Everyone has a favourite picture-taking app; I have a few. And unlike most of humanity, I only used Instagram for about 3 minutes. I like these better.

*Hipstamatic: Awesome old timey camera settings come with the app, then you can buy fun films, lenses and flashes after.  The app works just like an old fashioned camera with the ability to swap and combine settings.  The films and lenses are so interesting and unique that I keep picking up new ones. With a “Shake to Randomize” setting, you can take cool photos and be surprised at how they turn out. You don’t need an account to use this, unlike Instagram.


*360: a cool app that lets you take panoramic view shots that, as the name implies, allow you to completely visually circumnavigate the area around you. Playback makes it look like you’re there.

*PicJointer: allows you to stitch photos together into collages.  Great for then uploading to your social media websites.  Speaking of which..


They probably don’t need explanation, so ’nuff said that they’re on the list.





*ShopShop: a list-maker app, this keeps needed groceries on hand.  The list keeps track of your frequent purchases so you don’t need to add again and again, and lets you cross off and/or delete what you’ve picked up. Handy.


*ScanBizCards (Lite): Just like the name says, scan business cards, and they are automatically input into your contacts list.  So handy, and eliminates paper clutter and the need to re-type.  Lite version allows you to scan 5 cards/week, which is enough for me.  Downside: sometimes is has a hard time reading some fonts, so double checking the input is a must.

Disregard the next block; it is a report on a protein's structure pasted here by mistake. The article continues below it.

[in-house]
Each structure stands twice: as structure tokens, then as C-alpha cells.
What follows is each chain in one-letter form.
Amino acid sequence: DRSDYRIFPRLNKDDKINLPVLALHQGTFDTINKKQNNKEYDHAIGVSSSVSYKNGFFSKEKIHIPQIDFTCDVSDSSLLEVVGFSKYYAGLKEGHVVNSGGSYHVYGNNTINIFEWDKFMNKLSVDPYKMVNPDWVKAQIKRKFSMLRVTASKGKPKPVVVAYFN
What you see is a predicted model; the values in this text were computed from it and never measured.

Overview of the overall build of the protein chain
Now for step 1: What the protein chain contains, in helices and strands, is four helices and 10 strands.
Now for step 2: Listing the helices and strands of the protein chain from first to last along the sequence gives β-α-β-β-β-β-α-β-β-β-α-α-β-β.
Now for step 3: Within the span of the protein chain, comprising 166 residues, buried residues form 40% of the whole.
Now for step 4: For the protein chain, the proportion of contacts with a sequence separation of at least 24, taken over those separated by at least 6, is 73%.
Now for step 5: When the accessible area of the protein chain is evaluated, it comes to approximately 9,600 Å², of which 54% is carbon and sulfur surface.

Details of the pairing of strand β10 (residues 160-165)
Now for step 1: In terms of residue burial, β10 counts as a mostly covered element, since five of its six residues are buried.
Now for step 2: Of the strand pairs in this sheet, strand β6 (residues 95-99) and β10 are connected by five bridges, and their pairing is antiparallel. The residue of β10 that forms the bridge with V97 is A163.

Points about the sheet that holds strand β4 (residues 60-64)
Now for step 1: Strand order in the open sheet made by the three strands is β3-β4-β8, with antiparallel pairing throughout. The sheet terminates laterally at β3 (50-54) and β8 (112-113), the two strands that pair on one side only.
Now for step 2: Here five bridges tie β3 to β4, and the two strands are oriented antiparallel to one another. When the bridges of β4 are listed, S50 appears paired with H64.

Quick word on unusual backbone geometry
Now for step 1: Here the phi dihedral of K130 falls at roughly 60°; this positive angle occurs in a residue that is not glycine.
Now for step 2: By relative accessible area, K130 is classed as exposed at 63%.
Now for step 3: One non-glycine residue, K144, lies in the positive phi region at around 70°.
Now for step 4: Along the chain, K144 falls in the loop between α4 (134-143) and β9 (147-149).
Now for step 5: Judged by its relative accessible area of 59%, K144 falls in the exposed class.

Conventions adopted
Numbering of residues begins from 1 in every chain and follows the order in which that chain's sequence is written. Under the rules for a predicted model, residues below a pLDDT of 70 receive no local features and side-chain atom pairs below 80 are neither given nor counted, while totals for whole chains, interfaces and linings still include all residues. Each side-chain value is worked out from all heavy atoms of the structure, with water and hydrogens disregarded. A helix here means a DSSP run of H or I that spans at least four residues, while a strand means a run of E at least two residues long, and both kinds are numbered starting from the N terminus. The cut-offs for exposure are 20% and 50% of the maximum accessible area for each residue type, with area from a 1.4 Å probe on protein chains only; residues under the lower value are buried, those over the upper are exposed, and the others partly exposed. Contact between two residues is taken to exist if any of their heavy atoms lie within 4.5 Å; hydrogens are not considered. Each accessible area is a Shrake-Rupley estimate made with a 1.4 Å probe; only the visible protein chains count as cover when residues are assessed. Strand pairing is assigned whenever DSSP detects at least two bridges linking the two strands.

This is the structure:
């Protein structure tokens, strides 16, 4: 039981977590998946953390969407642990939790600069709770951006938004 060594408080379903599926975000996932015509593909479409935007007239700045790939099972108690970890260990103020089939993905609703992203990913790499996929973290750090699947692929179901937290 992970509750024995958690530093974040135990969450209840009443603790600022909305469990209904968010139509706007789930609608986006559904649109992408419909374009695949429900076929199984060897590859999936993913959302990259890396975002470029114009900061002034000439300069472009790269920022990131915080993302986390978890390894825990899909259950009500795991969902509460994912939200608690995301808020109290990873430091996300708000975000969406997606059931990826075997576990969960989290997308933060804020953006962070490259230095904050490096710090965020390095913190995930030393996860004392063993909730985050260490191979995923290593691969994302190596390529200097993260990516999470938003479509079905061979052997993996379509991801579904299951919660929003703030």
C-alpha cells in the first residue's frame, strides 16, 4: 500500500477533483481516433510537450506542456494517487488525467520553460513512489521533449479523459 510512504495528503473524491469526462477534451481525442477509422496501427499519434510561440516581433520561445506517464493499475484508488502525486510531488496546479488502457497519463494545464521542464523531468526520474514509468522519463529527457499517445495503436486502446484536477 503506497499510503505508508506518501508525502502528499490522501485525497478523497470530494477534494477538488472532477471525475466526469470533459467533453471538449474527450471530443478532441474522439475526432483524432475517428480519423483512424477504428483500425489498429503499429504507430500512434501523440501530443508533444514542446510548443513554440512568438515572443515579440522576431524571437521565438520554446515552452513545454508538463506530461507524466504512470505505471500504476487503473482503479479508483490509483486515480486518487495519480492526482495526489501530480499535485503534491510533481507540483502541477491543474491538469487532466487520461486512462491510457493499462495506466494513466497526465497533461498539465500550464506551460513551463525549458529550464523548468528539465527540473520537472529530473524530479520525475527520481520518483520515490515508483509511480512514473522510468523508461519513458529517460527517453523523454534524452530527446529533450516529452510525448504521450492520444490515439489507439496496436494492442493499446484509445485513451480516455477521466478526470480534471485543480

*Flashlight: when you need it, it’s there.  You can use different colours of light from the screen, or turn on the LED/flash. When you can’t find the darn flashlight, you can probably always find your phone.


*WhiteNoise Lite: Annoying children on the airplane?  Need some background noise to drown out the neighbours’ wind chimes? Try the sound of crashing waves, babbling rivers, cricket, or the rain. Helpful to get you to sleep, or just to cover other noise.


*Shazam & SoundHound: Both apps that ID music that’s playing aloud.  I find that when Shazam can’t find a song (which is frequent), SoundHound can.  Both also keep lists of the songs you check so you can remember them later.  They’ll also allow iTunes purchases of the song if you like it that much.


*Google Maps: For my money it still way outdoes Apple’s map software. Much easier to navigate, and to look up addresses and phone numbers.

*Waze:  Making traffic and commuting into a game! You pick a little teardrop shaped avatar with a cute face, and off you go.  The app starts you as a “Baby Wazer” complete with diaper and soother.  The more you drive, the closer to an adult wazer you get, where you can personalize your avatar into a soccer mom or a ninja.  Climbing several status levels could eventually get you to Waze Royalty.  Also a pretty reliable map.



Need to kill time in the doctor’s waiting room? Stuck on an endless bus ride?

*Carcassone: A city-building game that’s a big tough to get into, but completely addictive when you do. based on the very popular European board game.


*Ticket To Ride: Woo wooo!!  Build rail lines across Canada and the USA, and watch out for your competition competing for the same real estate.  You couldn’t call me a train buff, but this game is surprisingly fun, easy and addictive.


*Harbourmaster:  Boats come into your harbour, and you need to dock them and unload the cargo.  The faster you dock, the faster they come in, and with bigger cargo loads. Don’t land your container ship on the bottom of the sea!

harbour images

Other built-in apps I get a lot of use out of are Podcasts, Weather, Videos and iBooks.

In case you want professional advice, here’s PC Magazine’s list of its Top 50 Free Apps of 2013.

I’d LOVE to hear some of your top apps…word of mouth is often the best way to find something useful you never even knew you needed!  Leave your list in Comments below.